4. You will need help

I cannot reiterate this enough– BE SURE TO GET HELP. I didn’t get much help after the birth of my second baby and ended up coming down with postpartum depression after 3 months due to lack of sleep and pushing myself too hard. I think I felt bad that others had to help me with my first daughter that I took on too much with my second.

Looking back, I should’ve taken things more slowly during the postpartum recovery period instead of running on empty from day one. Another crucial life lesson learned; you can read more about that chapter of my life here.

Remember, your recovery is just as important as your baby’s health and growth. Take care of yourself and your needs as well because your motherhood journey has only just begun. Let others take care of you, so you have enough energy to take care of the baby once the help leaves.

Let others take care of you in the first few weeks, so you have enough energy and willpower to take care of the baby once the help leaves.

5. Breastfeeding will begin immediately

breastfeeding-postpartum

Breastfeeding will begin immediately even before your breastmilk comes in. From the moment your baby is born, you and your baby will be attached together for what feels like around-the-clock feeding. He or she will have to learn to latch correctly and the breastfeeding journey will begin the moment the baby is born.

When I was learning to breastfeed the first time, it didn’t feel natural. I had to learn how to hold the baby correctly and deal with cracked and sore nipples while my uterus is contracting back to its normal size. It was painful and I wanted to quit so many times. I also learned that breastfeeding means less sleep, because I have to be the one feeding or pumping every 2-3 hours instead of relying on others to feed the baby for me. (You can always pump, but it’s important to do this frequently in the early weeks to keep up your milk supply.)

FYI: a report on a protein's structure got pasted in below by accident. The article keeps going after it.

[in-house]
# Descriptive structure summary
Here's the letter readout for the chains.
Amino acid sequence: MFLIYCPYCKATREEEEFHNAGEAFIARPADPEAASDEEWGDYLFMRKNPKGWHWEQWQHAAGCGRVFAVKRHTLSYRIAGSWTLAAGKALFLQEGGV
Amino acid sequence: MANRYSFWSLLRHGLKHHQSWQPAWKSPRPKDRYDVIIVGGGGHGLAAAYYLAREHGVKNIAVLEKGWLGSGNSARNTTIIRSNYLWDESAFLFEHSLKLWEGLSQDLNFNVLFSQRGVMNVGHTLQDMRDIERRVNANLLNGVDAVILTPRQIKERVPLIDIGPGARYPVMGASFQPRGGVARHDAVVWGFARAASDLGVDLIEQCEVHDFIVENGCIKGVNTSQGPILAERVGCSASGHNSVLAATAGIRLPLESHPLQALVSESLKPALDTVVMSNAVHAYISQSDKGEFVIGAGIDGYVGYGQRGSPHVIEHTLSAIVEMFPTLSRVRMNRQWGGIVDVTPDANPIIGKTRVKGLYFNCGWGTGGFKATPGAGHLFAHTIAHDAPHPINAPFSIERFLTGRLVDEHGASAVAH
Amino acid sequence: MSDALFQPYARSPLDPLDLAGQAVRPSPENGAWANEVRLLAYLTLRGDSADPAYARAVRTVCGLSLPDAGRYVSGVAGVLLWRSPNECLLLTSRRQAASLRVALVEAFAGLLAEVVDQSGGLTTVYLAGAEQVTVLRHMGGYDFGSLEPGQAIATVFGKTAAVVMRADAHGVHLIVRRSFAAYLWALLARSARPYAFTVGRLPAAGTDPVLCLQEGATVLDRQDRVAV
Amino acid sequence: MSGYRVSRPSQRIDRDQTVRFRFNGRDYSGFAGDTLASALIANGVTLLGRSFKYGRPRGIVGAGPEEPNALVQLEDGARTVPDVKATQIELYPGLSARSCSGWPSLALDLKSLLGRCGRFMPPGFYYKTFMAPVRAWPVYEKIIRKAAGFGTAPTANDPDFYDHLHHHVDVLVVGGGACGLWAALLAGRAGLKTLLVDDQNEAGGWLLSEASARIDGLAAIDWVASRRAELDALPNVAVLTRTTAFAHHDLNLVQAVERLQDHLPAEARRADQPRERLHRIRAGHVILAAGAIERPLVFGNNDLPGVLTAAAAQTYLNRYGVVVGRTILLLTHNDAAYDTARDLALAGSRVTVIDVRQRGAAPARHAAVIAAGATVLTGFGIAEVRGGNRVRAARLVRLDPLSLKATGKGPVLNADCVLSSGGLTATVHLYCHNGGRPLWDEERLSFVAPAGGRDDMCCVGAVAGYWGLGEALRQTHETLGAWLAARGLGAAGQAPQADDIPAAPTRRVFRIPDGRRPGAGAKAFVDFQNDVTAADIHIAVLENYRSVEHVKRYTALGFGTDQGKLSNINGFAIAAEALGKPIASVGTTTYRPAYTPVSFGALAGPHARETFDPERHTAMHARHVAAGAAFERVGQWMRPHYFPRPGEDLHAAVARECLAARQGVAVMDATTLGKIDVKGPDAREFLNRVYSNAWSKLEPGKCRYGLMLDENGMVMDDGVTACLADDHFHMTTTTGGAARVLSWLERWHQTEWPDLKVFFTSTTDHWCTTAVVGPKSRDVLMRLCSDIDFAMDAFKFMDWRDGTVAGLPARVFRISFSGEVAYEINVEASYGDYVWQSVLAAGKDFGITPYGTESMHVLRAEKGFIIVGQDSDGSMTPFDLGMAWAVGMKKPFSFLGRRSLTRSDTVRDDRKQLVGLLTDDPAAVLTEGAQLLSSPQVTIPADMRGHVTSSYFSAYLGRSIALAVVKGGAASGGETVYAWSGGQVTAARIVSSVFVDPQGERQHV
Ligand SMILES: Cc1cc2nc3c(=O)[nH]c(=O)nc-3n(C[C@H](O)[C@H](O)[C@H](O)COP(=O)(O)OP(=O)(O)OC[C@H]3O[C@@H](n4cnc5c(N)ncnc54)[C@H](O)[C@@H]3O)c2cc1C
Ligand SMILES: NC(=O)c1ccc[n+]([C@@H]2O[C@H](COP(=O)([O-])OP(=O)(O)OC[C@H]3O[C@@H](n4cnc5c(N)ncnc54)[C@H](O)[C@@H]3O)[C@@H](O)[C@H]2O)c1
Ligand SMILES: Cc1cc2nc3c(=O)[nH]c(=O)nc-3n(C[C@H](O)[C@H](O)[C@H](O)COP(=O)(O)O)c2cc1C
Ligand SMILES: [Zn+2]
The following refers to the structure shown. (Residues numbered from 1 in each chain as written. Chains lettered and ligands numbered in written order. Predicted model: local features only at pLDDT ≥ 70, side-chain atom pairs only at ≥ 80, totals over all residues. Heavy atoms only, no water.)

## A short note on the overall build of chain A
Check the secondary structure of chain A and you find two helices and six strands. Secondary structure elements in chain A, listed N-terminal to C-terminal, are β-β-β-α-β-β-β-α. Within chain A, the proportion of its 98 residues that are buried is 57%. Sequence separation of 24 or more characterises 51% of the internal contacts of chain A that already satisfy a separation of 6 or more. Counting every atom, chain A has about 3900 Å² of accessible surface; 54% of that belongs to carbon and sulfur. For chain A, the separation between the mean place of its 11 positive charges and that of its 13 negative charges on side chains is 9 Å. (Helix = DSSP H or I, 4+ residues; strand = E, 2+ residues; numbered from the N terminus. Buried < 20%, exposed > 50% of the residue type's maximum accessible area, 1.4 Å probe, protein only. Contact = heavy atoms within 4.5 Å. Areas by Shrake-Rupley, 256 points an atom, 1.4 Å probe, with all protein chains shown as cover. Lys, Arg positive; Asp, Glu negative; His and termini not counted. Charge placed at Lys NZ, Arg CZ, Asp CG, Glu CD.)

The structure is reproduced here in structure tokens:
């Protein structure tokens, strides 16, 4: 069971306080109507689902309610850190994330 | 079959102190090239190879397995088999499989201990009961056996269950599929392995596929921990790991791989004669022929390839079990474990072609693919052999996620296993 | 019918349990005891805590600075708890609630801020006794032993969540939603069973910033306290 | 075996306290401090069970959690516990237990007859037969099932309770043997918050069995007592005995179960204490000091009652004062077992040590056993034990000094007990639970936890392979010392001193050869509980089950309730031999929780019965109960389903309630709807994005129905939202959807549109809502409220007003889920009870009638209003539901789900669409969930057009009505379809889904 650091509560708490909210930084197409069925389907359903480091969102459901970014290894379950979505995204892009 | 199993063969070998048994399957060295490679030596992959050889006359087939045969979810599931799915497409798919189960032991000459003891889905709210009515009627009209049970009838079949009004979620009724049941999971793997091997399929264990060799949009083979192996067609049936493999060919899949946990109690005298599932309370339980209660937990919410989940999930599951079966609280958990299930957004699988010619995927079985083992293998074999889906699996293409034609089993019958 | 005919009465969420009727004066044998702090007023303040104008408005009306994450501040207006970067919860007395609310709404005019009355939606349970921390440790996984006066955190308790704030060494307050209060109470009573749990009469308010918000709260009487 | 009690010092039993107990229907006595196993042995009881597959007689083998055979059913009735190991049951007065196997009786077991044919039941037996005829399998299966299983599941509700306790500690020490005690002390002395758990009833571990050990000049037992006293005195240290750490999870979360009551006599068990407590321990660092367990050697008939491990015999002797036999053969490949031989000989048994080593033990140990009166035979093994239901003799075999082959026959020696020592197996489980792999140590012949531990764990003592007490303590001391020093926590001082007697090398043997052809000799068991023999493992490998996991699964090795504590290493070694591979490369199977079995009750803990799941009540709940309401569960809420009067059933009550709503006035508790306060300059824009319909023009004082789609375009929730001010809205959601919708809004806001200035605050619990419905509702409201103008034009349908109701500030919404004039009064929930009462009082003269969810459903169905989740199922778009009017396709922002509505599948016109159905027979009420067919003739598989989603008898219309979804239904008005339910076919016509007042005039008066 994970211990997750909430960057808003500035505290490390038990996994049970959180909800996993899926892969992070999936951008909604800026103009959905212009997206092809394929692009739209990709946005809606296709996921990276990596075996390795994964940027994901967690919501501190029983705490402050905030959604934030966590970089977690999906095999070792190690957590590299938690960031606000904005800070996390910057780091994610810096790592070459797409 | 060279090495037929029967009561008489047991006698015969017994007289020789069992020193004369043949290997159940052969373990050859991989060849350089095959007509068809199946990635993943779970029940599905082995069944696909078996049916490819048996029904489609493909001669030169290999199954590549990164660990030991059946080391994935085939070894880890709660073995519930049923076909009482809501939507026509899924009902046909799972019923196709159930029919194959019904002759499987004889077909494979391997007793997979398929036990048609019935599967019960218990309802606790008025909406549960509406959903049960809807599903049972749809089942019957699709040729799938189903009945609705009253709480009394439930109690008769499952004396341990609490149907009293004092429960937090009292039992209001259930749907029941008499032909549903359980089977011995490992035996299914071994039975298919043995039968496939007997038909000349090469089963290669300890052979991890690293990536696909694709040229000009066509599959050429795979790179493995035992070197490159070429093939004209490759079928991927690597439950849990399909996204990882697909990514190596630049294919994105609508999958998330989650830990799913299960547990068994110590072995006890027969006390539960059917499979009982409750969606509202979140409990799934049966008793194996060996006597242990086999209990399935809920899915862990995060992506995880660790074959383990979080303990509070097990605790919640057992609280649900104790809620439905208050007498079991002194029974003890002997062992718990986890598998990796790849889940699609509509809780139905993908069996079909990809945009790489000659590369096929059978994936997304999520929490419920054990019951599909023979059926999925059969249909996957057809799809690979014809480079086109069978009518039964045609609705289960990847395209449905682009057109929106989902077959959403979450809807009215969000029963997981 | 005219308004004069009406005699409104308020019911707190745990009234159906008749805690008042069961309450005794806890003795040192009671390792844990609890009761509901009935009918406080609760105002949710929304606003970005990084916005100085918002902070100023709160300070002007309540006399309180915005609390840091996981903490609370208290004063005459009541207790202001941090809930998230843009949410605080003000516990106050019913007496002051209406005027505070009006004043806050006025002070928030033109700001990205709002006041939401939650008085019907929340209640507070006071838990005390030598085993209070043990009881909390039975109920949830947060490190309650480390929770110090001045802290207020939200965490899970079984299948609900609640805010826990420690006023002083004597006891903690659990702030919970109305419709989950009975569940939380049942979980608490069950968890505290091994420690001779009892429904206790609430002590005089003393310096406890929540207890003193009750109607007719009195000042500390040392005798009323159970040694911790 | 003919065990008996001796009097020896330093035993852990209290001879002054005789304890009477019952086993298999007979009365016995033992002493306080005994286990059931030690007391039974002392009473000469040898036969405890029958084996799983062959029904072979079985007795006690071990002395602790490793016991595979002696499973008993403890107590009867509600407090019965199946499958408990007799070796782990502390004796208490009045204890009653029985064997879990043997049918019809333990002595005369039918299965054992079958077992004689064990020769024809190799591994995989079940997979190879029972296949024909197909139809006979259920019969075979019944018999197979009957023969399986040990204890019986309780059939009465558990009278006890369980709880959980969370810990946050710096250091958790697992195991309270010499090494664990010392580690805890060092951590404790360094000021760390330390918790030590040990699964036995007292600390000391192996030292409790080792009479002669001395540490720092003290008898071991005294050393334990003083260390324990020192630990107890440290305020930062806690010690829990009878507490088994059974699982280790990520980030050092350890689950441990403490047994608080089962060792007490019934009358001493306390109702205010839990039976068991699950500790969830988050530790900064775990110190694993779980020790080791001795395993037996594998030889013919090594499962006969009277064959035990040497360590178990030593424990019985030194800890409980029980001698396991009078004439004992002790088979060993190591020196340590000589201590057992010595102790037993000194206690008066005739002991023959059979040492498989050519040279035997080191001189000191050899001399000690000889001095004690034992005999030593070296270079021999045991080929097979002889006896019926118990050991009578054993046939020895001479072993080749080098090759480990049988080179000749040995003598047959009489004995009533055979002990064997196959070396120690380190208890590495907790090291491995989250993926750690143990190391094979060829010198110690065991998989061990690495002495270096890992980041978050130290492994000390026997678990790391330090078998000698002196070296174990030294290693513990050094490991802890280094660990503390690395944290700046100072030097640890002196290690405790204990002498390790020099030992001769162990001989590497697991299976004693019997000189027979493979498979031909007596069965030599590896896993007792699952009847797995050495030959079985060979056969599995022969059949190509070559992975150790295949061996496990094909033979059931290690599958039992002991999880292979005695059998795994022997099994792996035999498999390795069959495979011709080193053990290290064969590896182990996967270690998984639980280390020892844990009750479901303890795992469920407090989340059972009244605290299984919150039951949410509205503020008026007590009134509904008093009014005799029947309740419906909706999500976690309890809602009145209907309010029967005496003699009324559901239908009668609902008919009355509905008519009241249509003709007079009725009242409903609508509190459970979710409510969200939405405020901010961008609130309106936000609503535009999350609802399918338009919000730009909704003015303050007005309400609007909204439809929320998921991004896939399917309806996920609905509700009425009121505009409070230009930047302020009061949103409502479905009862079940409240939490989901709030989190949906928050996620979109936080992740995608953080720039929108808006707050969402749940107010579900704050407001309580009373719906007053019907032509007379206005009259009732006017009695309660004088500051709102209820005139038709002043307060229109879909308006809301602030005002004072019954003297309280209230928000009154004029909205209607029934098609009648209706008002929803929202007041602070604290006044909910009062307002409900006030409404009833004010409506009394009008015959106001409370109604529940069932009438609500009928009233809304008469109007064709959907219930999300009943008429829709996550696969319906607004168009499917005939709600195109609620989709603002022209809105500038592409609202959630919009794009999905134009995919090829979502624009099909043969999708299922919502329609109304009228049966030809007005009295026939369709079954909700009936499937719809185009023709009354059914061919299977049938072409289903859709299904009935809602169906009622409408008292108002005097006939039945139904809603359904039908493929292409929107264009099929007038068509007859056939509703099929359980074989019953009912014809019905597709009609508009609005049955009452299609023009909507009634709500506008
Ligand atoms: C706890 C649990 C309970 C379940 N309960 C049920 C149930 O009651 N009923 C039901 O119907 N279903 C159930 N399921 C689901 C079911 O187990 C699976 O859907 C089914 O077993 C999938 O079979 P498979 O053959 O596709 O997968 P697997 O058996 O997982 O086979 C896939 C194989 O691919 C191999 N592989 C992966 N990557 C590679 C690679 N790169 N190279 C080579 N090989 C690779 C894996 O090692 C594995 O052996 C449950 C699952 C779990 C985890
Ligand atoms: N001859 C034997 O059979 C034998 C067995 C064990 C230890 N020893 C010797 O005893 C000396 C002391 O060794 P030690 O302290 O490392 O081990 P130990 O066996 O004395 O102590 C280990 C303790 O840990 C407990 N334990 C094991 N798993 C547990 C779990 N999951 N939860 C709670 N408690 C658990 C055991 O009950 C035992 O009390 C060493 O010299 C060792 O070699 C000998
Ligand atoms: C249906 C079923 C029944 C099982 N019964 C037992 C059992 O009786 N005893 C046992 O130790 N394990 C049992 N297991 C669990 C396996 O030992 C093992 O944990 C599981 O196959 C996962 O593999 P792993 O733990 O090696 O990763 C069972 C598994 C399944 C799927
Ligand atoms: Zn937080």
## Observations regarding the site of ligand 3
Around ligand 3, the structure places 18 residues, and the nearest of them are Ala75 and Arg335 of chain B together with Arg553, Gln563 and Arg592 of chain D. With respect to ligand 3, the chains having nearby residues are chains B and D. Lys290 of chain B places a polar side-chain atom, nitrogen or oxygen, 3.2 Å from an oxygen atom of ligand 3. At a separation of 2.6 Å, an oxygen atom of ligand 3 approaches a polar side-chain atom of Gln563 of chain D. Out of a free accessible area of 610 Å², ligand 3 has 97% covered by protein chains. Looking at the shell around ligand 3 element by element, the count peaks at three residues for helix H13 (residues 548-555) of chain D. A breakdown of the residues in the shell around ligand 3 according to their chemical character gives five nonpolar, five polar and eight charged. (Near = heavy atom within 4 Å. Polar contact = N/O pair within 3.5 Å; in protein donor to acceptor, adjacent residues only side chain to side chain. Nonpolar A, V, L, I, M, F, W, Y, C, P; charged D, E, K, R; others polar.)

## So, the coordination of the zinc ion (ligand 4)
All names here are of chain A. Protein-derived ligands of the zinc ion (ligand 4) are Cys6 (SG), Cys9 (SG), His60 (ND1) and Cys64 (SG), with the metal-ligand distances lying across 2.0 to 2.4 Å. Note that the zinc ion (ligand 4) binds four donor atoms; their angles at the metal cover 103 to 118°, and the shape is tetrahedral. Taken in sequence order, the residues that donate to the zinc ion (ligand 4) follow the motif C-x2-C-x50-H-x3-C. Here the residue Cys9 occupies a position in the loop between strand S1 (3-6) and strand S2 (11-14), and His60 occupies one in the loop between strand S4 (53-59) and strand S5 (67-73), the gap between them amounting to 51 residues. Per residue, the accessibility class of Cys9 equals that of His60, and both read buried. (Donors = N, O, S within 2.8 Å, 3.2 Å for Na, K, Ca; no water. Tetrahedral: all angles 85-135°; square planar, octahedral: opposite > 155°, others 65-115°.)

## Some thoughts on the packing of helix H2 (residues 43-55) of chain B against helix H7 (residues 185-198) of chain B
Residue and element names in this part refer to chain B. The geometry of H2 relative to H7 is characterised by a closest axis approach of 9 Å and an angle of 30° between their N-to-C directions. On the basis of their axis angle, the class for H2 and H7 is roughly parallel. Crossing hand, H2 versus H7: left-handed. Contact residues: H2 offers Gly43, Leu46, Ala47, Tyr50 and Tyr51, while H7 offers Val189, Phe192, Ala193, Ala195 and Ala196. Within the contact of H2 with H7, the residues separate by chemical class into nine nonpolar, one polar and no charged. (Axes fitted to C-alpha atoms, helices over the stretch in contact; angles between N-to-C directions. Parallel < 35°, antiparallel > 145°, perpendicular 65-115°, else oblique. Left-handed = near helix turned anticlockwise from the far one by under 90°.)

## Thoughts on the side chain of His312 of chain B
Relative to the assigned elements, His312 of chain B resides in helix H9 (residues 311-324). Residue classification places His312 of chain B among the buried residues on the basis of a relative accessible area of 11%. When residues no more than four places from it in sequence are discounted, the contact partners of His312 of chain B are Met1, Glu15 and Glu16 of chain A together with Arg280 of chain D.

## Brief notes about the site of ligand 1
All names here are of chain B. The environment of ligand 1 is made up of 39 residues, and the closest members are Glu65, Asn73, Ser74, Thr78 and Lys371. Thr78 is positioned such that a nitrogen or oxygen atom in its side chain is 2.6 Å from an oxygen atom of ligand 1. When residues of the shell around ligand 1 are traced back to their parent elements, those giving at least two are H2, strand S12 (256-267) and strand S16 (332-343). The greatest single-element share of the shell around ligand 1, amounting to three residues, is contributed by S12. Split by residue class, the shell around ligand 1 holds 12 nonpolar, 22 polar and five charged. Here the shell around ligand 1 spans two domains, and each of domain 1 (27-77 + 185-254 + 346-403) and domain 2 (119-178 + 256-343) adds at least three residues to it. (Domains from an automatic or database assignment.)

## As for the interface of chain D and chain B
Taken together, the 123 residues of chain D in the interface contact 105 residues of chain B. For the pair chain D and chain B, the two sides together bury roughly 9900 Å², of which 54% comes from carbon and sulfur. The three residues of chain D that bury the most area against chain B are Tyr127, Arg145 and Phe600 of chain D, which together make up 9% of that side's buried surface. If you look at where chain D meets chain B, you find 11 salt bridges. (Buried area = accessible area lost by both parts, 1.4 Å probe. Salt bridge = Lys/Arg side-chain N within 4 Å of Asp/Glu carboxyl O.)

If you have your mind set on breastfeeding, know that it’s going to be a long journey and keep going. It will get easier and you will master the process. Eventually you will find breastfeeding to be such a beautiful and joyous endeavor and will miss it one day when your baby becomes more interested in other foods.

If you have your mind set on breastfeeding, know that it’s going to be a long journey and keep going. It will get easier and you will master the process. Eventually you will find breastfeeding to be such a beautiful and joyous endeavor and will miss it one day when your baby becomes more interested in other foods.